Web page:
Nose to nose with Washington

One of Mount Rushmore’s close neighbors

After last week’s visit to Ontario and our stopover with Limonada in Wisconsin, we considered our options for the remaining twenty-something hours to Utah. We’ve driven Interstate 80 on several occasions, and El Guapo felt that he’d be glad to put off doing it again.

Why, you ask? This song* can answer in less than a minute:


 

It wasn’t only a desire for more scenic variety; if we took the more northern route on I-90, El Guapo could add Minnesota and South Dakota to his list of US states visited (which would then total 48). Also, we could get a look at Mount Rushmore and the Badlands. Off we went.

Mount Rushmore had nearly 2.5 million visitors last year. Though we’re not hermits, we’re definitely not crowd lovers, so we were somewhat reluctant to join the hoards in the official park. We were also beginning day four in our un-air-conditioned drive,† so a “let’s get this over with” feeling was generally uppermost.

The crowd at the entrance that we didn't join

The crowd at the entrance that we didn’t join

We stopped to read the grandiloquent historical marker about the sculptor, Gutzon Borglum, and admired the four stone presidents from afar. We nodded hello as we drove past the park entrance, and then stopped a quarter mile further on at a small lot that gave us some rock scampering options, and a nice view of George Washington’s profile.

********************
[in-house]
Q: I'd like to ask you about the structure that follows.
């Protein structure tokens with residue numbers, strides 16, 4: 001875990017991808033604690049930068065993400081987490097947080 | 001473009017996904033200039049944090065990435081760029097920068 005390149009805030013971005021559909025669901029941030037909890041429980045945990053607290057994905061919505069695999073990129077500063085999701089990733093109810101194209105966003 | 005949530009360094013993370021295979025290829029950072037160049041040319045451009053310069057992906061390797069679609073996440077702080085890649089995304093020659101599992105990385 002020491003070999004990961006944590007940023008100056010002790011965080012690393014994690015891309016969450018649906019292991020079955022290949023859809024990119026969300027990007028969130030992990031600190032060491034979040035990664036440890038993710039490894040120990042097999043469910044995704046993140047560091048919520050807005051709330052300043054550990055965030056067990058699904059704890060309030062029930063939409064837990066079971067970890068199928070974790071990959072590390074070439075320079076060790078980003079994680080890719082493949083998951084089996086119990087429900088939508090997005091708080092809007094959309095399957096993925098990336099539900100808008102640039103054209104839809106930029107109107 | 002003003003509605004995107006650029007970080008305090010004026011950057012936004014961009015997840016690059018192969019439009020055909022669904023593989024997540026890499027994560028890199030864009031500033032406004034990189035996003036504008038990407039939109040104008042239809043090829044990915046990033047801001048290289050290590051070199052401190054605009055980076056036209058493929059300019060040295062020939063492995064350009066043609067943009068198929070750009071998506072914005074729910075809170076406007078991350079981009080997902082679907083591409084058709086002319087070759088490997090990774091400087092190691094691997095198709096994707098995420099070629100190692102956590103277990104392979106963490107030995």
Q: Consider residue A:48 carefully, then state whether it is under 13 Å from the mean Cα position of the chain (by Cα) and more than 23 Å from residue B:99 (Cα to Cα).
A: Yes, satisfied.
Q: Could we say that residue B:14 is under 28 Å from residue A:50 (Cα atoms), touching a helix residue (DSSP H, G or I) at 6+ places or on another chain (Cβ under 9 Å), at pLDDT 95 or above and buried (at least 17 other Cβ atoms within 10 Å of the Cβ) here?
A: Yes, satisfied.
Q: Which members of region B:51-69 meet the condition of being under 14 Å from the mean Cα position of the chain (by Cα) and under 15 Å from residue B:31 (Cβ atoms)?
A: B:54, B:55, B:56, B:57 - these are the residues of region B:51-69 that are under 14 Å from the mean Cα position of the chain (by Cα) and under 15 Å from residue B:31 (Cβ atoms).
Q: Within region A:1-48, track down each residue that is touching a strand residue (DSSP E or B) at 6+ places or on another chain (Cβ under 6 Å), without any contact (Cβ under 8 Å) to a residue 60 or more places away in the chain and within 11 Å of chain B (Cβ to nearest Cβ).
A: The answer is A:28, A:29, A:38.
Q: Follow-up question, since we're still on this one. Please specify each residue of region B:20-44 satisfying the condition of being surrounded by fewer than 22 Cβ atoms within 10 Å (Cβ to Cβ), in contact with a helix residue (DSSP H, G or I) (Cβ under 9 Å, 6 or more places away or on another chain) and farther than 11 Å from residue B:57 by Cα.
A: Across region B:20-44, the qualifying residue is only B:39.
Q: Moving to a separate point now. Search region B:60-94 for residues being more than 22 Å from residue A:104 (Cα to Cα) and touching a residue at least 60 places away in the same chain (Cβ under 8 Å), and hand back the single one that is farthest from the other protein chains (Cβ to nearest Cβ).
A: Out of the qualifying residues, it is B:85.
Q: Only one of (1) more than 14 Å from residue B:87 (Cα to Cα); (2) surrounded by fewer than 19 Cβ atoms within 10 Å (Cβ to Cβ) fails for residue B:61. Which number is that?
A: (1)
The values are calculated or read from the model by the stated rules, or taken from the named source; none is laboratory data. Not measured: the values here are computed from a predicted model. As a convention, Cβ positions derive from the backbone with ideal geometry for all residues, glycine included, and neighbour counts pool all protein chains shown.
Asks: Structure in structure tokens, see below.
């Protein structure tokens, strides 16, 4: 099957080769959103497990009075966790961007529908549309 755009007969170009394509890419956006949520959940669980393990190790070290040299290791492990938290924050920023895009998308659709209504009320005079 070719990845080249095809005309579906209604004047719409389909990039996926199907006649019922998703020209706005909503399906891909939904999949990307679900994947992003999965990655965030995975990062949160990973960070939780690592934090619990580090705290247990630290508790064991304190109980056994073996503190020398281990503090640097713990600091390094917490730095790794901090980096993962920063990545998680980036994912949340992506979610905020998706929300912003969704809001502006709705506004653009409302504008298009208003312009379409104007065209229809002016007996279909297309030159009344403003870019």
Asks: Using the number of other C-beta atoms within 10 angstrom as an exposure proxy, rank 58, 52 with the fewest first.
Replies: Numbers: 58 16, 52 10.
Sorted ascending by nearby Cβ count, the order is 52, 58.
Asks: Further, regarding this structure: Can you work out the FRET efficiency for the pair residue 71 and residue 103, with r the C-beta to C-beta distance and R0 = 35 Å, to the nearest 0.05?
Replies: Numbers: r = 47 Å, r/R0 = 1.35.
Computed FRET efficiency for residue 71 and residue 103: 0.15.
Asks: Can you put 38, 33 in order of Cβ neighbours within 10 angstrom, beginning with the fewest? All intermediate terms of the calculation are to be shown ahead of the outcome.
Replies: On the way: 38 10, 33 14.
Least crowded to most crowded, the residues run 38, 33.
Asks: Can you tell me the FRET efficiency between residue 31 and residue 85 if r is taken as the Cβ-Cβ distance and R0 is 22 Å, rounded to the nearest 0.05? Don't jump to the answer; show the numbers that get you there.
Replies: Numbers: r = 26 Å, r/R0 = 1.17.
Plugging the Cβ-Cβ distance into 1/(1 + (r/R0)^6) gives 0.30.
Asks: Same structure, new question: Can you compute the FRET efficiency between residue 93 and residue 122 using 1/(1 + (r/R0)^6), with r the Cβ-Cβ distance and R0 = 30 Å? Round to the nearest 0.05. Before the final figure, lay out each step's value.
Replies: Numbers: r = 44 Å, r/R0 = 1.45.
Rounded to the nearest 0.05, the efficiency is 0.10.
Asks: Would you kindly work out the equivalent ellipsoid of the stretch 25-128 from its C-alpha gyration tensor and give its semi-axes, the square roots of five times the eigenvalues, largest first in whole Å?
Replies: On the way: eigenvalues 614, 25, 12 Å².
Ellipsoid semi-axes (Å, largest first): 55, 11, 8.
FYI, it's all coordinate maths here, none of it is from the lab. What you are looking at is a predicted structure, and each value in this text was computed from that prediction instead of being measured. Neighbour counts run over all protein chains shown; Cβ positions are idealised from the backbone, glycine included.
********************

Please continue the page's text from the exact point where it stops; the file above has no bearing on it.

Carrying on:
We have been known to imitate statues and paintings as we pose for photos, but that day we were a little more deliberate about it, trying to achieve an effect using forced perspective.

 

George and Ninja, nose to nose

A plaque at the park indicated that George Washington’s nose is 20 feet tall. Ninja’s nose is probably not quite two inches. That’s forced perspective for you.

Mount Rushmore

A view taken by a someone who doesn’t mind crowds as much

*Meaning no disrespect to farmers or farm country, though perhaps some disrespect to industrial monoculture tracts that put family farmers out of business. But that’s a topic for another day. In any event, the song is good for a laugh.

†This wasn’t a desire to prove our toughness, or a nostalgic look back at the way things used to be–the AC failed during hour one of day one, and various commitments prevented us from stopping to address the problem. We hope we don’t have an opportunity to repeat the experience in the foreseeable future.

 

[Images: El Guapo, Wikipedia]

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